Some quick take-outs from the first round of the French presidential elections over the weekend:
1. Emmanuel Macron on 23.8 per cent of the votes, followed by Marine Le Pen with 21.5 per cent, followed by Francois Fillon with 19.9 per cent and Jean-Luc Melenchon with 19.4. Oh, and Benoit Hamon on 6.3.
2. In case the names all sound French to you and don’t tell you very much, the old party establishment got thoroughly humiliated, with Fillon of the Republicans (the party of De Gaulle and Sarkozy) and Hamon of the Socialists (the party of Mitterand and Hollande) scraping a little over a quarter of the vote between them.
3. So the big winners were outsiders, but while the voters rejected old faces and associations, they did not necessarily reject old ideas. Le Pen, often described as “far-right”, is a populist and nationalist; Melenchon is on the far left; and Macron, a former Socialist and an investment banker (but of course!) describes himself as neither right nor left, but a centrist. Both Macron’s “On the Move” and Melenchon’s Left Party have been very recent grassroots movements, showing you no longer need the party machine to get votes.
4. In some ways, Macron is the antithesis of Le Pen; he is optimistic to her pessimism, pro-EU to her Euroceptism, globalist to her nationalism. But is it all vague feel-good vibe or is there any substance to Macron? As Le Pen told him in a TV debate, “Mr Macron you have an amazing talent, you’ve spoken for seven minutes and I’m unable to resume your thinking. You’ve said nothing!”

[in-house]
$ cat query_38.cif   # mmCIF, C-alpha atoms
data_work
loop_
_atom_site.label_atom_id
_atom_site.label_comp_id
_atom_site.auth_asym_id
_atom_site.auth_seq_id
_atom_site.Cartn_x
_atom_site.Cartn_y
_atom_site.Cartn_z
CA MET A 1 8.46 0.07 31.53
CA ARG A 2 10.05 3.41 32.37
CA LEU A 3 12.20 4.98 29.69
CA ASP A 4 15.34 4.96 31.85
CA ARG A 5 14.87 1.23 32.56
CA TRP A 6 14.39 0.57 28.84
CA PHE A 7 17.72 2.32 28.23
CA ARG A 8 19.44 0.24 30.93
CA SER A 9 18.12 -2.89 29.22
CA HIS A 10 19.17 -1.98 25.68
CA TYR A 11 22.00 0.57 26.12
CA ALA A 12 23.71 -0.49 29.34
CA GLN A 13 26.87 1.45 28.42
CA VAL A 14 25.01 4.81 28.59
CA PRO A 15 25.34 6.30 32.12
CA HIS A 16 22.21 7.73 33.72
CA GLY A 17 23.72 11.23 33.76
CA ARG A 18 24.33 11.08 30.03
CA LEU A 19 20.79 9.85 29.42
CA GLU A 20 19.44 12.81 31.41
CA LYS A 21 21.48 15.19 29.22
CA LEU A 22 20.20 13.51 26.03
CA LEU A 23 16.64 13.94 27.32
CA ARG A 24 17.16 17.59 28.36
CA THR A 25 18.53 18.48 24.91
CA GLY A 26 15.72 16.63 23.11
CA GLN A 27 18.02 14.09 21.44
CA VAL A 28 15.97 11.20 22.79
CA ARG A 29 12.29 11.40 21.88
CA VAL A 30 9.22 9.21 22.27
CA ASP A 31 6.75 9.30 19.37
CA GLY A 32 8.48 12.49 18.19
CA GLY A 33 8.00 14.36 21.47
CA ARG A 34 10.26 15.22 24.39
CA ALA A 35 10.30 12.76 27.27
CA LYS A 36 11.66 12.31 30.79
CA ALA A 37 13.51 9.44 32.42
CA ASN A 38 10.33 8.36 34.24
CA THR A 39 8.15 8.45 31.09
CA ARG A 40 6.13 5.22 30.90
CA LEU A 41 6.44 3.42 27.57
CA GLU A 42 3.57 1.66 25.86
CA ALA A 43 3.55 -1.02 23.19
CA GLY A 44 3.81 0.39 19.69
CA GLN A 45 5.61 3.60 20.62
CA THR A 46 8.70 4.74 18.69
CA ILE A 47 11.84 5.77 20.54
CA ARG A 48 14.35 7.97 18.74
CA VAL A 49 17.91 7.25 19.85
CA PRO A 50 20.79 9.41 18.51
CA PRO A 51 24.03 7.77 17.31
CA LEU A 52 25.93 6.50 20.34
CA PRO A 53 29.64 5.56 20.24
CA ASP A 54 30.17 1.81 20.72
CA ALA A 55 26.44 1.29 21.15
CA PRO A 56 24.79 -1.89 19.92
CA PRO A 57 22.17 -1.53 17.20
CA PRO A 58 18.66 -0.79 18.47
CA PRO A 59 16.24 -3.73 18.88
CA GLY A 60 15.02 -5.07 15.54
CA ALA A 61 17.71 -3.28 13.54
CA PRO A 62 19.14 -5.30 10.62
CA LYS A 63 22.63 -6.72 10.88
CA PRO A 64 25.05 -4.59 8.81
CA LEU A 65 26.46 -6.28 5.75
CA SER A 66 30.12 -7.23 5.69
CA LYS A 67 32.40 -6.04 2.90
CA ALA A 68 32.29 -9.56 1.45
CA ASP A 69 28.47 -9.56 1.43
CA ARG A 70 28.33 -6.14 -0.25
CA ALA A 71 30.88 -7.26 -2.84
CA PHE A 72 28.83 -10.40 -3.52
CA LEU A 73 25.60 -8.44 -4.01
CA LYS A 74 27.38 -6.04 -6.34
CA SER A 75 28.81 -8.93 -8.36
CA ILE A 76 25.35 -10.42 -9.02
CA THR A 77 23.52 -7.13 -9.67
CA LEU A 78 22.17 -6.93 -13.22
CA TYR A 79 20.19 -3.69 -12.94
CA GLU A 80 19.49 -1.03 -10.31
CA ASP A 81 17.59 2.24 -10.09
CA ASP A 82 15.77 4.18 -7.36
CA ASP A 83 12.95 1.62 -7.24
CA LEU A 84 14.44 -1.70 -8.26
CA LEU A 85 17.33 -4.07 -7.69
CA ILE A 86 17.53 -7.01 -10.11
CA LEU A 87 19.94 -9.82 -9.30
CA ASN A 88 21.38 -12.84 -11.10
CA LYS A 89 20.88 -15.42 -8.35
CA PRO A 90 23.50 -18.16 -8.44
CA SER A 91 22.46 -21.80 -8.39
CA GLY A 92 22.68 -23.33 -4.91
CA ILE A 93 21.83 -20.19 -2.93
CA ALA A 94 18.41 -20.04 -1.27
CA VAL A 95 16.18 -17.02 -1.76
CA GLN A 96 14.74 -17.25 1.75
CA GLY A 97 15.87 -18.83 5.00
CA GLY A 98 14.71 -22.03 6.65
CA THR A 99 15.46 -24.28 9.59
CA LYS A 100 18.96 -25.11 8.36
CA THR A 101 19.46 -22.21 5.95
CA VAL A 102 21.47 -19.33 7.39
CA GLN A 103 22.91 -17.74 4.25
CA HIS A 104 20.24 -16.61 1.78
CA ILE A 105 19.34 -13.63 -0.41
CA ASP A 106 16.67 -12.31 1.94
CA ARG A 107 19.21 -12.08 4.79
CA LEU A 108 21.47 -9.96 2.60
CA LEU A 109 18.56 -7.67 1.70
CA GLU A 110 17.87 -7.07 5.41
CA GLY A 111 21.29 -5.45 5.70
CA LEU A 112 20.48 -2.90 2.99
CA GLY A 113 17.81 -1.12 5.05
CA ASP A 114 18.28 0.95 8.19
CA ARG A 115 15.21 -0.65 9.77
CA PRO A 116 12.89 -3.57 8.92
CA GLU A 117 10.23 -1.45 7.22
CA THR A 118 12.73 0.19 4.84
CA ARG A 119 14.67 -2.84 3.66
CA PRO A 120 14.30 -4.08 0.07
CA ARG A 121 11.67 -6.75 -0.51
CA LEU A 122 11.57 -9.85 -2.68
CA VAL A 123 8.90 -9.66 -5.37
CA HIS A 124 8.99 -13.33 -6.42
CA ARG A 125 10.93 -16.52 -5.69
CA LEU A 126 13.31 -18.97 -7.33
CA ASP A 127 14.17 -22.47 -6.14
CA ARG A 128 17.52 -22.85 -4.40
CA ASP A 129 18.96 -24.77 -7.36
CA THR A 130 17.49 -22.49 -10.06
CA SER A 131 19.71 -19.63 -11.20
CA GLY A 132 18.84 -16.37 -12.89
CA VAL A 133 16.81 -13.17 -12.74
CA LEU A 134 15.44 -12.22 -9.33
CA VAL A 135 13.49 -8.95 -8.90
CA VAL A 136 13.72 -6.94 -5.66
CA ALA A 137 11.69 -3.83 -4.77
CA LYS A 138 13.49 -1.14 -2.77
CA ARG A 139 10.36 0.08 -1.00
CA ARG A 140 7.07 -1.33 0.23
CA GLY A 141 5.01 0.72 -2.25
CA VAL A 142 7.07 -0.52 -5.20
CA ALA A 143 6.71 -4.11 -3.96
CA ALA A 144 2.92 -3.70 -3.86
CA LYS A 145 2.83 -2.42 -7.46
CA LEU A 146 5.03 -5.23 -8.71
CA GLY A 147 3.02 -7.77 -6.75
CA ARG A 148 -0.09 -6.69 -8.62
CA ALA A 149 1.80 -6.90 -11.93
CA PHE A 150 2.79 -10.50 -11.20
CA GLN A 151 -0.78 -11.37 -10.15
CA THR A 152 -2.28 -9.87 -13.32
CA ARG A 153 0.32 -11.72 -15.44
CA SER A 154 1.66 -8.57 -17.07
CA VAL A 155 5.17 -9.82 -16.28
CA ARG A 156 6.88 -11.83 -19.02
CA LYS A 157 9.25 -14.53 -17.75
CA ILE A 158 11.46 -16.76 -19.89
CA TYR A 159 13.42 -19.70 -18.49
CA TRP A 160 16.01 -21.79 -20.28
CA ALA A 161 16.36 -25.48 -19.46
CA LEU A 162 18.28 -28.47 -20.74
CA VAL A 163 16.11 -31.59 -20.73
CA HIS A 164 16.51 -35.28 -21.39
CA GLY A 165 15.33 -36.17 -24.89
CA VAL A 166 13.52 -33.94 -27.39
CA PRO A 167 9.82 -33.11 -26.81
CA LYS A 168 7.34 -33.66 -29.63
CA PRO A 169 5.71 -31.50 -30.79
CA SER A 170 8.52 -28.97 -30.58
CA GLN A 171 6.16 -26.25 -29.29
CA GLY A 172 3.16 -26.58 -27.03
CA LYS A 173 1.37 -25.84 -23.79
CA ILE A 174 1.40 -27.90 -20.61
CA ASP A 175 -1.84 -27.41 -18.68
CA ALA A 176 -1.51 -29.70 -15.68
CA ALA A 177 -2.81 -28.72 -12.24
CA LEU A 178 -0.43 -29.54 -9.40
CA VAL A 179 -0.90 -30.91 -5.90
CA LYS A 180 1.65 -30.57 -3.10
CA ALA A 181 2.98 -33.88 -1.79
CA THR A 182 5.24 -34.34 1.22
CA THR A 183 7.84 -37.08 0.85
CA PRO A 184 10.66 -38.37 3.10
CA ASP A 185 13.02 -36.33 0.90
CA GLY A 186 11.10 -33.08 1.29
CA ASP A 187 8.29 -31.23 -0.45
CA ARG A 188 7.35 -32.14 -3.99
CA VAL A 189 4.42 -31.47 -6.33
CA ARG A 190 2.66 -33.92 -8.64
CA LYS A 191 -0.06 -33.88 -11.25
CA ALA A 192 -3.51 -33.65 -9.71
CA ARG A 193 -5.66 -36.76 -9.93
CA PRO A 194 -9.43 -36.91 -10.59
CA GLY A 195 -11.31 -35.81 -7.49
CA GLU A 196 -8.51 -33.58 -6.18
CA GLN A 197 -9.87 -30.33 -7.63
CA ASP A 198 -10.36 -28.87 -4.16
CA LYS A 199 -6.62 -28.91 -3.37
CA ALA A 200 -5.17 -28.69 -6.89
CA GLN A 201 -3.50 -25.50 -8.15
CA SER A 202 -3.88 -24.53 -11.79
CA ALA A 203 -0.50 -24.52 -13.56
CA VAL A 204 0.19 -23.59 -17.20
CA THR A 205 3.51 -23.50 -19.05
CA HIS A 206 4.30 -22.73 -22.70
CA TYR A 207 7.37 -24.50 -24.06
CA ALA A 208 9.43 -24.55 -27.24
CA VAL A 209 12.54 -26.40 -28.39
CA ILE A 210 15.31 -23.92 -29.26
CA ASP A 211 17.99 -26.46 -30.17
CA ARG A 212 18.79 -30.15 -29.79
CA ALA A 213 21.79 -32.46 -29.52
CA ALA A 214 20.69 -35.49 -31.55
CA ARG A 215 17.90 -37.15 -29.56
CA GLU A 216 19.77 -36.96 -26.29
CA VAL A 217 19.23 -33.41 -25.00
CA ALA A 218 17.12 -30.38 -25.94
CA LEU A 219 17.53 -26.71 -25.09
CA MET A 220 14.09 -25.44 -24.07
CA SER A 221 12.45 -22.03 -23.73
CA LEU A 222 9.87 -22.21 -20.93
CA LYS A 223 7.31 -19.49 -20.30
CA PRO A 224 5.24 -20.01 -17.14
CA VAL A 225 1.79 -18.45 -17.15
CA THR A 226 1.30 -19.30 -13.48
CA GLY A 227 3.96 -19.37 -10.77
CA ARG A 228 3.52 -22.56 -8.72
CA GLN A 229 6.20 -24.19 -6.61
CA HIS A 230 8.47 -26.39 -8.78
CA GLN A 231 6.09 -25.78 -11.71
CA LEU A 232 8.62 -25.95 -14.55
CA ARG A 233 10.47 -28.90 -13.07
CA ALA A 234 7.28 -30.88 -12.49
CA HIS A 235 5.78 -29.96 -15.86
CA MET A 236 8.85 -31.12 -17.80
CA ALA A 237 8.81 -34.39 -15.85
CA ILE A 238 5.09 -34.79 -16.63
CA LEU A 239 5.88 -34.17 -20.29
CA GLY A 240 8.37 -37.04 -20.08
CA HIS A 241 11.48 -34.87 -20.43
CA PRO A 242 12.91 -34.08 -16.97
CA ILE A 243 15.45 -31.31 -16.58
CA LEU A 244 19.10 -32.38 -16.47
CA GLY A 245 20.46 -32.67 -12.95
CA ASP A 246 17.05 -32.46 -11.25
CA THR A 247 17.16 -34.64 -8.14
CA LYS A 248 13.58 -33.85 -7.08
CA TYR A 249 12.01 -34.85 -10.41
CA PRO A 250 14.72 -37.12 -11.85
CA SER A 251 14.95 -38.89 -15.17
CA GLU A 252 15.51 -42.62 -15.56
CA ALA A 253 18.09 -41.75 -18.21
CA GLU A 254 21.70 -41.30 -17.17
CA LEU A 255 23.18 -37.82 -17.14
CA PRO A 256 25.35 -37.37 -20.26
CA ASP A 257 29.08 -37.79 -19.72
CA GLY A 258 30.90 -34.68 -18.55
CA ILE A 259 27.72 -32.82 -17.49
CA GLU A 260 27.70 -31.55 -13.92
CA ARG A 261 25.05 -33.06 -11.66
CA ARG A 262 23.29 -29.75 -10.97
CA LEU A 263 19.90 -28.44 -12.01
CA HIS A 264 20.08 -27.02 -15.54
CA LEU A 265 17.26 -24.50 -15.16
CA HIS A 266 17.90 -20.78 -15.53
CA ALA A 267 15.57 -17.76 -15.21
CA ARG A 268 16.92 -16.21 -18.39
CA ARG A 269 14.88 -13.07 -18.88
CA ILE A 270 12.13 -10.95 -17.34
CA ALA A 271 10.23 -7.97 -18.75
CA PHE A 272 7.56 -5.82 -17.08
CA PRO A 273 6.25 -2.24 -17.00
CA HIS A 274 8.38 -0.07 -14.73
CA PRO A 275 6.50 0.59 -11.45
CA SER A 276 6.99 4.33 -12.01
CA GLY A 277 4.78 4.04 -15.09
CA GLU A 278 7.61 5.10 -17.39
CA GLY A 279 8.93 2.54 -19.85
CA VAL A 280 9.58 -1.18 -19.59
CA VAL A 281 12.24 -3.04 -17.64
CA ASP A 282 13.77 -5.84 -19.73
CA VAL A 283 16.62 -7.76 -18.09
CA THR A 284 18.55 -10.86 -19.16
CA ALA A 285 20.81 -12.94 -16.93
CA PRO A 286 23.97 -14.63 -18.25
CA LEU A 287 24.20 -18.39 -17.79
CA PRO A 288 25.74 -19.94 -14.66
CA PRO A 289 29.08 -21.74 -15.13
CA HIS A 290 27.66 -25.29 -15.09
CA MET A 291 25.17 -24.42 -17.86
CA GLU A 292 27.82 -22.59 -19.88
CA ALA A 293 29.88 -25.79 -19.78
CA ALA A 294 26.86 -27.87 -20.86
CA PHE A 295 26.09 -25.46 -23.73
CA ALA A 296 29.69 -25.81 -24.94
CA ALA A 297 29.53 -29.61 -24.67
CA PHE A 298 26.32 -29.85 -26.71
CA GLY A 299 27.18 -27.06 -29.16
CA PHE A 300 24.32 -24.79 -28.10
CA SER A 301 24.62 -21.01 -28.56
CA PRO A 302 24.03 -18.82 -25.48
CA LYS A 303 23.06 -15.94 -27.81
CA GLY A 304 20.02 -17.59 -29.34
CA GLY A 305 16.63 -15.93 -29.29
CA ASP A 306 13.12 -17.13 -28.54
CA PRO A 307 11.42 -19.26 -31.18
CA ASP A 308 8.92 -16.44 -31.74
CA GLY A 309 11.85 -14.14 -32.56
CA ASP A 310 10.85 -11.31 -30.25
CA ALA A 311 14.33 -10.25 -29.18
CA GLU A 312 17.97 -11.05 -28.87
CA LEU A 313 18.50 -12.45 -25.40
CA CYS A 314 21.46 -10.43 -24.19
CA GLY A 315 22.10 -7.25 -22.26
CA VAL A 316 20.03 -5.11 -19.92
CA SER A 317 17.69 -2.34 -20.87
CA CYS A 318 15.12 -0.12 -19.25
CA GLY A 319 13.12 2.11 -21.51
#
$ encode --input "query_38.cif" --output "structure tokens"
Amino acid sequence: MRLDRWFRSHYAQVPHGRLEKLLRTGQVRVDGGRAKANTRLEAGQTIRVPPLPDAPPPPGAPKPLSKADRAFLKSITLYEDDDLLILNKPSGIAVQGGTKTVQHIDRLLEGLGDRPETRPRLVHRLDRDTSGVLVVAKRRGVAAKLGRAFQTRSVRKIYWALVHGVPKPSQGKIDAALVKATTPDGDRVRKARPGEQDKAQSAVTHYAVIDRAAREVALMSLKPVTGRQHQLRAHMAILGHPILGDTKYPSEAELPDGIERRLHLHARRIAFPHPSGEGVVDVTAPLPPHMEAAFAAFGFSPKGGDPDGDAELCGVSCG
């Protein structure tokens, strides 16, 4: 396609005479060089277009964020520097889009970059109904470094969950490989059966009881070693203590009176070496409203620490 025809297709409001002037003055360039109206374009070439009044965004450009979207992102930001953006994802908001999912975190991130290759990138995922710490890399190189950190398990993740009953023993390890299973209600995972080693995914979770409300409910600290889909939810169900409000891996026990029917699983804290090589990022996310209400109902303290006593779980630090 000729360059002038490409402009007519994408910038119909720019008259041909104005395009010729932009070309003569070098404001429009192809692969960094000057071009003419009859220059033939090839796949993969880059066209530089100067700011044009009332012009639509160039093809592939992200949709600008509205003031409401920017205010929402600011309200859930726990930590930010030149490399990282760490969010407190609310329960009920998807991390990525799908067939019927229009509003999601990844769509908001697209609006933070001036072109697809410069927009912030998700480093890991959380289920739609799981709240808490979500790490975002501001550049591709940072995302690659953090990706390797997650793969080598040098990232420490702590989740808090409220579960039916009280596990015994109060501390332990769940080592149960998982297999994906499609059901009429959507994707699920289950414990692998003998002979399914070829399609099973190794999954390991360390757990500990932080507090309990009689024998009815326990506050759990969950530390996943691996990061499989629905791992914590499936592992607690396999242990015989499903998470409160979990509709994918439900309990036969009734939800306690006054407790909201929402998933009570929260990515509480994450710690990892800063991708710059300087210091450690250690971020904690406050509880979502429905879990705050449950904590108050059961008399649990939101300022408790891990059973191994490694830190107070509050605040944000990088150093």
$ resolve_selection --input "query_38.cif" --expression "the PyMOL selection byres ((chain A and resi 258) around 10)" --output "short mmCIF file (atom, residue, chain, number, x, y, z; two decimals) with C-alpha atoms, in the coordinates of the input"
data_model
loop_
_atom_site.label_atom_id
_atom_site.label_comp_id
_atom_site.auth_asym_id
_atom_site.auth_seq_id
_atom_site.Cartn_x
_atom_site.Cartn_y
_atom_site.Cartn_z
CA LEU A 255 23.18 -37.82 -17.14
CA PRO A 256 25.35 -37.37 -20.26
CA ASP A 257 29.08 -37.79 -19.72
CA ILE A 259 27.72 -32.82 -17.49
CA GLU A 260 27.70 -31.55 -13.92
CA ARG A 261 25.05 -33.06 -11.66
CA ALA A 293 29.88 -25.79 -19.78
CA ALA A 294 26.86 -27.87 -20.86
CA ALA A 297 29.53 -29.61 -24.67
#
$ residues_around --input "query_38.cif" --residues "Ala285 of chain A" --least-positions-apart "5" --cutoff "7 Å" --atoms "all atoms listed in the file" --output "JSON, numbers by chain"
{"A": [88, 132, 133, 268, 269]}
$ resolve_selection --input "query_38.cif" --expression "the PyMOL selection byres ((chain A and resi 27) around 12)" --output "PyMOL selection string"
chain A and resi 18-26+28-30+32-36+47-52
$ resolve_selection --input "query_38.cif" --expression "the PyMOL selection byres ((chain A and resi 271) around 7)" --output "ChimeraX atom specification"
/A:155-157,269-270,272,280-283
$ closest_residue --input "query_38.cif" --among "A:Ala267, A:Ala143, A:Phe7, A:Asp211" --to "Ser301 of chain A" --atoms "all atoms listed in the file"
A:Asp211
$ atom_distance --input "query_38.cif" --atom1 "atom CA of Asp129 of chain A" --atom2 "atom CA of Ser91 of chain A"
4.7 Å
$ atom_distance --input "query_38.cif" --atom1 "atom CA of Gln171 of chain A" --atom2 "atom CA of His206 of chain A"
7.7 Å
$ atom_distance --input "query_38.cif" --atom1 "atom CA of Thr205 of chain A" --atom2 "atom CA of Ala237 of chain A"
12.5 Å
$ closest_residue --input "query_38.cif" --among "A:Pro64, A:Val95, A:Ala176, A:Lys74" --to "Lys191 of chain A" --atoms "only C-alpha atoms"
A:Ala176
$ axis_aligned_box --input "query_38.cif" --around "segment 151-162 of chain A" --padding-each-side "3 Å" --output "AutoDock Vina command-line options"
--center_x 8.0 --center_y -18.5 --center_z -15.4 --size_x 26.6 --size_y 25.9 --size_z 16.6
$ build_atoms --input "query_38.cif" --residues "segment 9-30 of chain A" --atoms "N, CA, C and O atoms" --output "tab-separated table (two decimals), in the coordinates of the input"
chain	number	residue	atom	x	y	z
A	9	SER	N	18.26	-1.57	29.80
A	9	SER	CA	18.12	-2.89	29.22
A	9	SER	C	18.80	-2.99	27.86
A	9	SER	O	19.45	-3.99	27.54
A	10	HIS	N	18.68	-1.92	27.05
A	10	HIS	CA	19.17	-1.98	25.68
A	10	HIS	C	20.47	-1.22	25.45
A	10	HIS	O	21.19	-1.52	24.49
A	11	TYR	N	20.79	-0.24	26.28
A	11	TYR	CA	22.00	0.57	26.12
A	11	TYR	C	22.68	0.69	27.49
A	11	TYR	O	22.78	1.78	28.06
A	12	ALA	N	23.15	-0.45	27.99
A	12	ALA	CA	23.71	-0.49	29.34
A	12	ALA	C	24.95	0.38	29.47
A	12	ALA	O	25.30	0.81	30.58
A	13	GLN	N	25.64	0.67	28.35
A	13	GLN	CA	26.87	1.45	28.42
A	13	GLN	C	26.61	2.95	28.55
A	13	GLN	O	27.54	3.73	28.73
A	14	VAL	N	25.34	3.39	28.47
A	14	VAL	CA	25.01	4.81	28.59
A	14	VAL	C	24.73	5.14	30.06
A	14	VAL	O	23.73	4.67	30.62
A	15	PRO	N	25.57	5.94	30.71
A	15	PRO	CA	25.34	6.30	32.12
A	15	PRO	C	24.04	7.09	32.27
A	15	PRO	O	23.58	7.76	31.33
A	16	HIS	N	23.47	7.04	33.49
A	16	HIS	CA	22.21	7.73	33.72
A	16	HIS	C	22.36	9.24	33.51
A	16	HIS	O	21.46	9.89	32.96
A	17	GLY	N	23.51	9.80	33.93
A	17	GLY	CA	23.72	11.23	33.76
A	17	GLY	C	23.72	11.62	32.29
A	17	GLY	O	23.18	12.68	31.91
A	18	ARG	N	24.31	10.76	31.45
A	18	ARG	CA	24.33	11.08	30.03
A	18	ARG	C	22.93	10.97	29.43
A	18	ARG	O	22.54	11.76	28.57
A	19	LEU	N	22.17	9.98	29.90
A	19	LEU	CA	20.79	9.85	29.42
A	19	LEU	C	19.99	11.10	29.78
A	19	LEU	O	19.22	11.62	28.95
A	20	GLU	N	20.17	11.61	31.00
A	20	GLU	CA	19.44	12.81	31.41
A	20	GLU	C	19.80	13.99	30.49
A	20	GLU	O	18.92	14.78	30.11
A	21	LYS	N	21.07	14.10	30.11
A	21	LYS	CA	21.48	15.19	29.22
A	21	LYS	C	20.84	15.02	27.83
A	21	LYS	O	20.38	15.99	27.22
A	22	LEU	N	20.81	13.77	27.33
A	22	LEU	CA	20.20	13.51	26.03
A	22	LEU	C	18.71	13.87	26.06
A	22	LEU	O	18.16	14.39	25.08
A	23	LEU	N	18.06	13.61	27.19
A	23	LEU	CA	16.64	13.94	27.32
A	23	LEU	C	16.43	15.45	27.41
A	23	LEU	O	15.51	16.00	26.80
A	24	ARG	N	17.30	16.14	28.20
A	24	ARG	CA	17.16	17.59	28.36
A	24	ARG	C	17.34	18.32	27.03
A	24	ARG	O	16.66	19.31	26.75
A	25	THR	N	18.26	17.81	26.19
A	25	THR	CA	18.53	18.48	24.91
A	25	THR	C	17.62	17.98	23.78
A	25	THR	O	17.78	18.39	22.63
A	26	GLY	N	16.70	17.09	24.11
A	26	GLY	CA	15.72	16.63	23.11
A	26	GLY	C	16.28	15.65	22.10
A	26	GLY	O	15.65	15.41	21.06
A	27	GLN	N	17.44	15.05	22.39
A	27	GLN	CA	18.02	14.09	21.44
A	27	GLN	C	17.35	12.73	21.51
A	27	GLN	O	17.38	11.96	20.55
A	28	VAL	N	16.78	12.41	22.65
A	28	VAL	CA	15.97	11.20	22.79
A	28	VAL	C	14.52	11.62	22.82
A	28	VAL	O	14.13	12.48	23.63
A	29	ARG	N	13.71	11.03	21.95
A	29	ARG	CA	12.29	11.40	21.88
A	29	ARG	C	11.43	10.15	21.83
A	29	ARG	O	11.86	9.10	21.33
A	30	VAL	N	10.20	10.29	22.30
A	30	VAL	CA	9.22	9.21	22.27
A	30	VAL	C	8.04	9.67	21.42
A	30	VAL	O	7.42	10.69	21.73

As well as wanting to improve the business environment, Macron stresses the need to boost education in deprived areas and has spoken out against stigmatising Muslims with France’s strict rules on secularism.
His championing of tech firms and the “Uber-isation” of the economy, in which people increasingly work as independents rather than as employees, has helped burnish his image as a moderniser.
“I want us to be able to start a business more easily, to innovate more easily” is one of his mantras, explained in depth in his pre-election book “Revolution”.
Sounds a bit like Malcolm Turnbull of French politics, doesn’t it? France certainly needs a moderniser, but as everywhere else it is all easier said than done, particularly since until the June elections he won’t have any “On the Move” support in the parliament, and probably a limited one thereafter.
Neither here nor there, but Macron is married to his former high school teacher, 24 years his senior, which is rather unusual even by the French standards.
5. Despite so many things going in her favour, Le Pen has under-performed, showing once again there is a significant populist strain in European politics, but in most countries it is nowhere near powerful enough to dominate and govern. The Netherlands and Germany are some of the other recent examples.
6. Baring a miracle, Macron will be the next president of France, receiving the backing of all the other parties and political forces in the second round against Le Pen. She will thus repeat her father’s experience of getting into the run-off only to be ganged up on by the rest of the French political spectrum.
7. Macron or no Macron, I can’t see France’s deep-seated and structural economic problems or the frayed multicultural social fabric getting any better in the short to medium term.